Wednesday, January 29, 2014

The hair of the Celts

Astérix and Obélix.
Today's trivia: the ancient Celts of the first century B.C. had a combination bleaching/spiking treatment for their hair: quicklime. We know this thanks to the testimony of the Sicilian historian Diodorus, whose Universal History describes them this way:
The Gauls are tall of body, with rippling muscles, and white of skin, and their hair is blond, and not only naturally so, but they also make it their practice by artificial means to increase the distinguishing color which nature has given it. For they are always washing their hair in lime-water, and they pull it back from the forehead to the top of the head and back to the nape of the neck, with the result that their appearance is like that of Satyrs and Pans, since the treatment of their hair makes it so heavy and coarse that it differs in no respect from the mane of horses.

Saturday, January 25, 2014

The flight of the bumblebee

Later flowers for the bees. (From Wikimedia.)
I normally try to do something a bit more original here on this "trivia blog" than simply repost cool stuff from Wikipedia. That said, this was too cool not to share. In fact, it may be the coolest thing I've ever learned from reading Wikipedia:

Thursday, January 23, 2014

What's so secular about secular stagnation?

Larry Summers. (Wesley Mann, CNN)
Secular stagnation has been in the news a lot lately, ever since Larry Summers made a remark at the International Monetary Fund's Fourteenth Annual Research Conference in Honor of Stanley Fischer dropping the two words:
I wonder if a set of older and much more radical ideas—ideas that, I have to say, were pretty firmly rejected in 14.462, Stan—a set of older ideas that went under the phrase secular stagnation, are not profoundly important in understanding Japan’s experience in the 1990s, and may not be without relevance to America’s experience today.
(To clarify, "Stan" is the eponymous MIT economics professor Stanley Fischer; the construction of the conference's title leaves unclear whether the IMF holds a conference in his honor every year, or only this year. 14.462 was the advanced macroeconomics class he taught, whose alumni include Summers, Olivier Blanchard, and Kenneth Rogoff.)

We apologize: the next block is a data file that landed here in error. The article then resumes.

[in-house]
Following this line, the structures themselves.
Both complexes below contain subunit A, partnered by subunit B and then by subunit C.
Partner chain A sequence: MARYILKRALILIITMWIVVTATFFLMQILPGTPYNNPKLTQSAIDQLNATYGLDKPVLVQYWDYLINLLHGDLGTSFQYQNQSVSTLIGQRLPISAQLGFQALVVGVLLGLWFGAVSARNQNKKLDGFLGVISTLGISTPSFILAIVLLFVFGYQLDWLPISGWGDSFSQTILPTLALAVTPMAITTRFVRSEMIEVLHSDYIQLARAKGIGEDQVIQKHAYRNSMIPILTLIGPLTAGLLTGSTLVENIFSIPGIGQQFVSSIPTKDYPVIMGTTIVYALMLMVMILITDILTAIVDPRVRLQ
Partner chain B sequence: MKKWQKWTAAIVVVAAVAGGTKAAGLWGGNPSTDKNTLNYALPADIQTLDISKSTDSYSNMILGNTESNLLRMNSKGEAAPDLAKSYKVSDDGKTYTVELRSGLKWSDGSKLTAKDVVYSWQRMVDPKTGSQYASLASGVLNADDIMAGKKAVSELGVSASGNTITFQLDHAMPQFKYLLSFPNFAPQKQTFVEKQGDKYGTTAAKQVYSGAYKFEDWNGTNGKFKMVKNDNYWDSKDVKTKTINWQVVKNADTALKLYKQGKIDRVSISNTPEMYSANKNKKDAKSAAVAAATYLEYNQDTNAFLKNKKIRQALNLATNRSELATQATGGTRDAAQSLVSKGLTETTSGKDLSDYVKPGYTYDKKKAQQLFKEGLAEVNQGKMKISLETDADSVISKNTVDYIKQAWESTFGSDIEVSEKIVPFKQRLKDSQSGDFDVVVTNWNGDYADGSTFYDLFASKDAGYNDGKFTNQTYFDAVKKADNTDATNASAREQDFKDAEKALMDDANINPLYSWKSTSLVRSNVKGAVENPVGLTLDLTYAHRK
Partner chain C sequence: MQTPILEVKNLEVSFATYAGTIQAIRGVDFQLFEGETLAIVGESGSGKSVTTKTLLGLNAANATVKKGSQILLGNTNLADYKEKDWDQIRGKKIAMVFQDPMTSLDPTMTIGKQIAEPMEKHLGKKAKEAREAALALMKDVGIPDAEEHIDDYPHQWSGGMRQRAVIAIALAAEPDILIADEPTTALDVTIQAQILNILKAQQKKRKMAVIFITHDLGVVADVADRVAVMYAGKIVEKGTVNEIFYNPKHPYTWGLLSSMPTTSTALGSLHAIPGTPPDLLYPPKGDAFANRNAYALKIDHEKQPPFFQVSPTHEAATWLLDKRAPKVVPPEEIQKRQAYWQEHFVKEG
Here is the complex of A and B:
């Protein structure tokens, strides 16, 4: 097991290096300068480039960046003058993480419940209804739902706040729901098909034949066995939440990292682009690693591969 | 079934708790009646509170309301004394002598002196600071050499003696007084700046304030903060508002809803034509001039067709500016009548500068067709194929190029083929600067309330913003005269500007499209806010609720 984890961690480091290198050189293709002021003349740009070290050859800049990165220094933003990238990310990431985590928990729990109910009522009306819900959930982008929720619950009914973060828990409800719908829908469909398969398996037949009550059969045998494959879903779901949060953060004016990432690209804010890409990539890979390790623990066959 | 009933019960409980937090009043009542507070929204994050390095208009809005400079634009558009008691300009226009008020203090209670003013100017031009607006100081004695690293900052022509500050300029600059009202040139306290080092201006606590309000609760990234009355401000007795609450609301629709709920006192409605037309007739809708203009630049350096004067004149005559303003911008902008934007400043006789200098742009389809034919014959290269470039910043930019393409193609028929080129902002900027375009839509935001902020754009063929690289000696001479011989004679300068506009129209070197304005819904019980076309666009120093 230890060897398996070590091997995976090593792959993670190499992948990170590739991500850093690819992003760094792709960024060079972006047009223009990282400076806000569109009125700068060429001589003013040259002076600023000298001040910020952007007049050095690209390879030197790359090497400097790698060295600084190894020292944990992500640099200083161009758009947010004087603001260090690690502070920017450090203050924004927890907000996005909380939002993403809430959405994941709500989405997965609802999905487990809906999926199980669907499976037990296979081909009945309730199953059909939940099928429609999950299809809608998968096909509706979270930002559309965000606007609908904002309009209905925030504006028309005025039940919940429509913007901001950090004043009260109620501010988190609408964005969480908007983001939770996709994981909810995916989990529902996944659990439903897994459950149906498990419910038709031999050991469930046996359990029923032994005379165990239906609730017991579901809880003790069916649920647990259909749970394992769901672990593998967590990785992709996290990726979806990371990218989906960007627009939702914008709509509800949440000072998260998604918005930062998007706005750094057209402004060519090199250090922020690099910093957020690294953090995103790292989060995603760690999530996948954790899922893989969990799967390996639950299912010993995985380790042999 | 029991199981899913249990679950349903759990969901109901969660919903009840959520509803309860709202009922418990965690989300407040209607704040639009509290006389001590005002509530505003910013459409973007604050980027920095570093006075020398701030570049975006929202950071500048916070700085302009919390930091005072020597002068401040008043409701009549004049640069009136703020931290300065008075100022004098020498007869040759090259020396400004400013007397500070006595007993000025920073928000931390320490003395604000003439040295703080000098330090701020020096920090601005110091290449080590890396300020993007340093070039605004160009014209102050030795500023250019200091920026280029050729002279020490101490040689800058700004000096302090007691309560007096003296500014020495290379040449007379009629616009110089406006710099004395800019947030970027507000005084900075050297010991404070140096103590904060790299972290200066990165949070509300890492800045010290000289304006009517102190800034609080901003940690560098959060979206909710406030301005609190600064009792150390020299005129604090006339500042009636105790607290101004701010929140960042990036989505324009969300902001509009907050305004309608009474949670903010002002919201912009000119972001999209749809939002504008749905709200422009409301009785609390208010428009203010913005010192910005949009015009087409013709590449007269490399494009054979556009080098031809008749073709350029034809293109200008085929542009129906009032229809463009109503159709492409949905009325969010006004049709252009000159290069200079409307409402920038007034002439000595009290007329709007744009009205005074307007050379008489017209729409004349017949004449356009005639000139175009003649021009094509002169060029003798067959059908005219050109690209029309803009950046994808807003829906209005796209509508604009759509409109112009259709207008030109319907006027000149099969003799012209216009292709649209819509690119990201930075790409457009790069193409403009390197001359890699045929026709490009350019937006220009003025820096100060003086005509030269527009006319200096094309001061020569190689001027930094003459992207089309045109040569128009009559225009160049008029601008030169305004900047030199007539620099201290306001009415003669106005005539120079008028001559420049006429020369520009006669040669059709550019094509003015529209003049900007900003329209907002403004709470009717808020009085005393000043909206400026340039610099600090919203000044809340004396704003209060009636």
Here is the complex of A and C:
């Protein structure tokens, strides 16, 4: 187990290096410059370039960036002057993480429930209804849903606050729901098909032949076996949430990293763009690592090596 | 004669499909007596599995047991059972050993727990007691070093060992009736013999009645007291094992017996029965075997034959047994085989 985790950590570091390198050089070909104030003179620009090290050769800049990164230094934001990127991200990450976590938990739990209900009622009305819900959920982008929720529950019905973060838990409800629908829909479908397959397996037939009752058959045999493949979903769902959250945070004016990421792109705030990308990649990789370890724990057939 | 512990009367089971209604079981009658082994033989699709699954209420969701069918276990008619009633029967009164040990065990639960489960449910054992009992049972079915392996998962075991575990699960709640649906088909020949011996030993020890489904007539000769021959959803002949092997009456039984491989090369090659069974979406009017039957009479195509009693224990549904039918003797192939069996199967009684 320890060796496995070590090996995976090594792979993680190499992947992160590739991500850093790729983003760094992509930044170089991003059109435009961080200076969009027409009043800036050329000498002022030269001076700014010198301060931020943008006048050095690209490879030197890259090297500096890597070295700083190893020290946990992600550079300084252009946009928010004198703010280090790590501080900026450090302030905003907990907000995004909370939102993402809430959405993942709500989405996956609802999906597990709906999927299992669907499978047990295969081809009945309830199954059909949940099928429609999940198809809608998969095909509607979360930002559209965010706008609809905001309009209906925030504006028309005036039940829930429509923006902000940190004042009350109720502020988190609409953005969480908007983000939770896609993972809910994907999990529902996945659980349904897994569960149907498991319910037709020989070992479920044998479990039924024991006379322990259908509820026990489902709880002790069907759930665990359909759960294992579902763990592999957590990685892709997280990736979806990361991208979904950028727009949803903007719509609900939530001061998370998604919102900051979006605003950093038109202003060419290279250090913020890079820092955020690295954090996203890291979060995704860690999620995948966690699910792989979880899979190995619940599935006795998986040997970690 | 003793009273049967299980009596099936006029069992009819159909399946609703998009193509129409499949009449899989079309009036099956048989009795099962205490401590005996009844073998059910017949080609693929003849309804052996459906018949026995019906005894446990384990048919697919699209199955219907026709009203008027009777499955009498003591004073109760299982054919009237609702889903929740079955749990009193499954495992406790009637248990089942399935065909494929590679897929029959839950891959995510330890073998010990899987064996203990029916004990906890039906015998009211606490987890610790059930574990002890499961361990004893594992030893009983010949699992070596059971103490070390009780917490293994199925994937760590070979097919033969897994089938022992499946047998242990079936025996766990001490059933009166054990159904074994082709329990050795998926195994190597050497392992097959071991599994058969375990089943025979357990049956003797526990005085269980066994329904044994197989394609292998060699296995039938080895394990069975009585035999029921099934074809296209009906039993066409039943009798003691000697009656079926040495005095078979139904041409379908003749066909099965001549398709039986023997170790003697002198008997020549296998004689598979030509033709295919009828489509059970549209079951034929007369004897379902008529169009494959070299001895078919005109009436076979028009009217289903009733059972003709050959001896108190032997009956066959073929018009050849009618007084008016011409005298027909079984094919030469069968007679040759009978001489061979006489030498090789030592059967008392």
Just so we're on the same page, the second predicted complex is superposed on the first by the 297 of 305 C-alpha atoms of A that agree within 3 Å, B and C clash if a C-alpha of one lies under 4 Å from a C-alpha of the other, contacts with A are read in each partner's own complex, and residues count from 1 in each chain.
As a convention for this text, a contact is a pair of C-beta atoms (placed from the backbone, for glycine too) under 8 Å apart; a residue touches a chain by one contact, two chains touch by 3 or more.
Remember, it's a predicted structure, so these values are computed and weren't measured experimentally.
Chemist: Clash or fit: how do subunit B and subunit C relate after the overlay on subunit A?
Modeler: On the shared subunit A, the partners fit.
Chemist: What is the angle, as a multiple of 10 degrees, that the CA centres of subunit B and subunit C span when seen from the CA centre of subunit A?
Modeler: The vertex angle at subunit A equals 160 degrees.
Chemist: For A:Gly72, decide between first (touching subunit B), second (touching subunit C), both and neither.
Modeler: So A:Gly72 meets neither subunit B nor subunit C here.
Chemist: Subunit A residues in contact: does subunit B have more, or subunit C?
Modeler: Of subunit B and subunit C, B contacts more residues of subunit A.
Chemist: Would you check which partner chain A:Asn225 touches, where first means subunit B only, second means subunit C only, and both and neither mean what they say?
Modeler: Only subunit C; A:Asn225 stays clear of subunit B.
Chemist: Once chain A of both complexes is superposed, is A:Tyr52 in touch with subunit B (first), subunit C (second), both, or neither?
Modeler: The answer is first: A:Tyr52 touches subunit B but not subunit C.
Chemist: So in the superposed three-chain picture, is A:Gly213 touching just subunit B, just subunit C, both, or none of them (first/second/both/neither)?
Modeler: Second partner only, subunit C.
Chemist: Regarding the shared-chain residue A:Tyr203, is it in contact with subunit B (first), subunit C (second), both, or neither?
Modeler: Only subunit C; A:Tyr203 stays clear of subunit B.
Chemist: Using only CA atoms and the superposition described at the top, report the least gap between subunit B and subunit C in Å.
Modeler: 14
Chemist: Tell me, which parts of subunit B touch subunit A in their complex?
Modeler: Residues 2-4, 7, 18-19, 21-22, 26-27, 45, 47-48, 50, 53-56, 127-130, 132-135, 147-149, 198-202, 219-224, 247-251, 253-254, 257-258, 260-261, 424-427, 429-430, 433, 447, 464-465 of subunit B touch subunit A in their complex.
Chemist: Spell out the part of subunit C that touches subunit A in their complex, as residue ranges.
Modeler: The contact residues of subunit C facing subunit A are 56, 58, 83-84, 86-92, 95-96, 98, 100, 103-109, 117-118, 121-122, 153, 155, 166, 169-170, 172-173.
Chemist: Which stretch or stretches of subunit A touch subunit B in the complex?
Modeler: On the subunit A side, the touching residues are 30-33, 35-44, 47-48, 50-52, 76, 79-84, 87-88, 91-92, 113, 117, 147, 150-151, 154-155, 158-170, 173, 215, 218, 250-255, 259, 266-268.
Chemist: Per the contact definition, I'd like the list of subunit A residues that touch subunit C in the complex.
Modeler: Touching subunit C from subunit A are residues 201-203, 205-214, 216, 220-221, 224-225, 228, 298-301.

Wednesday, January 15, 2014

Juxtapositions: Mallarmé and Ferry

Cat Bay on Lake Superior near Eagle Harbor, Michigan.

Summer Sadness (1864)*
Stéphane Mallarmé (translation mine)

The sun on the sand, ah sleeping wrestless,
In the gold of your hair warms a wash so listless,
And while on your hostile cheek incense sears,
It mixes a love potion in with your tears.

About this white flare the changeless quietness
Has made you say, aggrieved—oh my cowardly kiss—
"We shall never be a single mummy here
Beneath the glad palms and desert frontier!"

But your tresses are a lukewarm river,
Where our soul obsession drowns without a shiver
And finds that Nothingness that you know not.

I shall taste the teary mascara near your eyes,
To see if it knows how to give the heart that you make beat
The senselessness of the stones and of the sky.

Lake Water (2012)
David Ferry

It is a summer afternoon in October.
I am sitting on a wooden bench, looking out
At the lake through a tall screen of evergreens,
Or rather, looking out across the plane of the lake,
Seeing the light shaking upon the water
As if it were a shimmering of heat.
Yesterday, when I sat here, it was the same,
The same displaced out-of-season effect.
Seen twice it seemed a truth was being told.
Some of the trees I can see across the lake
Have begun to change, but it is as if the air
Had entirely given itself over to summer,
With the intention of denying its own proper nature.

Thursday, January 9, 2014

U.S. punctuation airlift delivers billions of commas to UK

Commas arrive on British shores on Thursday afternoon. (Department of Defense)
SUFFOLK, ENGLAND – Despite record grammatical deficits in the United States, today the American military airlifted billions of relief commas to the shores of the United Kingdom, after becoming aware that decades of British schoolchildren have grown up with insufficient commas, at both home and at school. "Certainly, we were shocked when we realized that the British had been trying to write with roughly 50% of the American levels of commas—since at least the days of Graham Greene, if not earlier," said John Newell, Jr., White House proofreader, during an interview by telephone from Lakenheath Air Base in Suffolk, England. "While investigations into the cause of the comma shortage are ongoing, it appears that the problem has persisted since the days when the Nazis bombarded the Isles with subordinate clauses. Unfortunately, the British punctuation infrastructure never fully recovered."

Tuesday, January 7, 2014

That time when George Eliot almost didn't write "Middlemarch"

Robert Mapplethorpe: Ken Moody, Robert Sherman. (1984)
Mapplethorpe Foundation.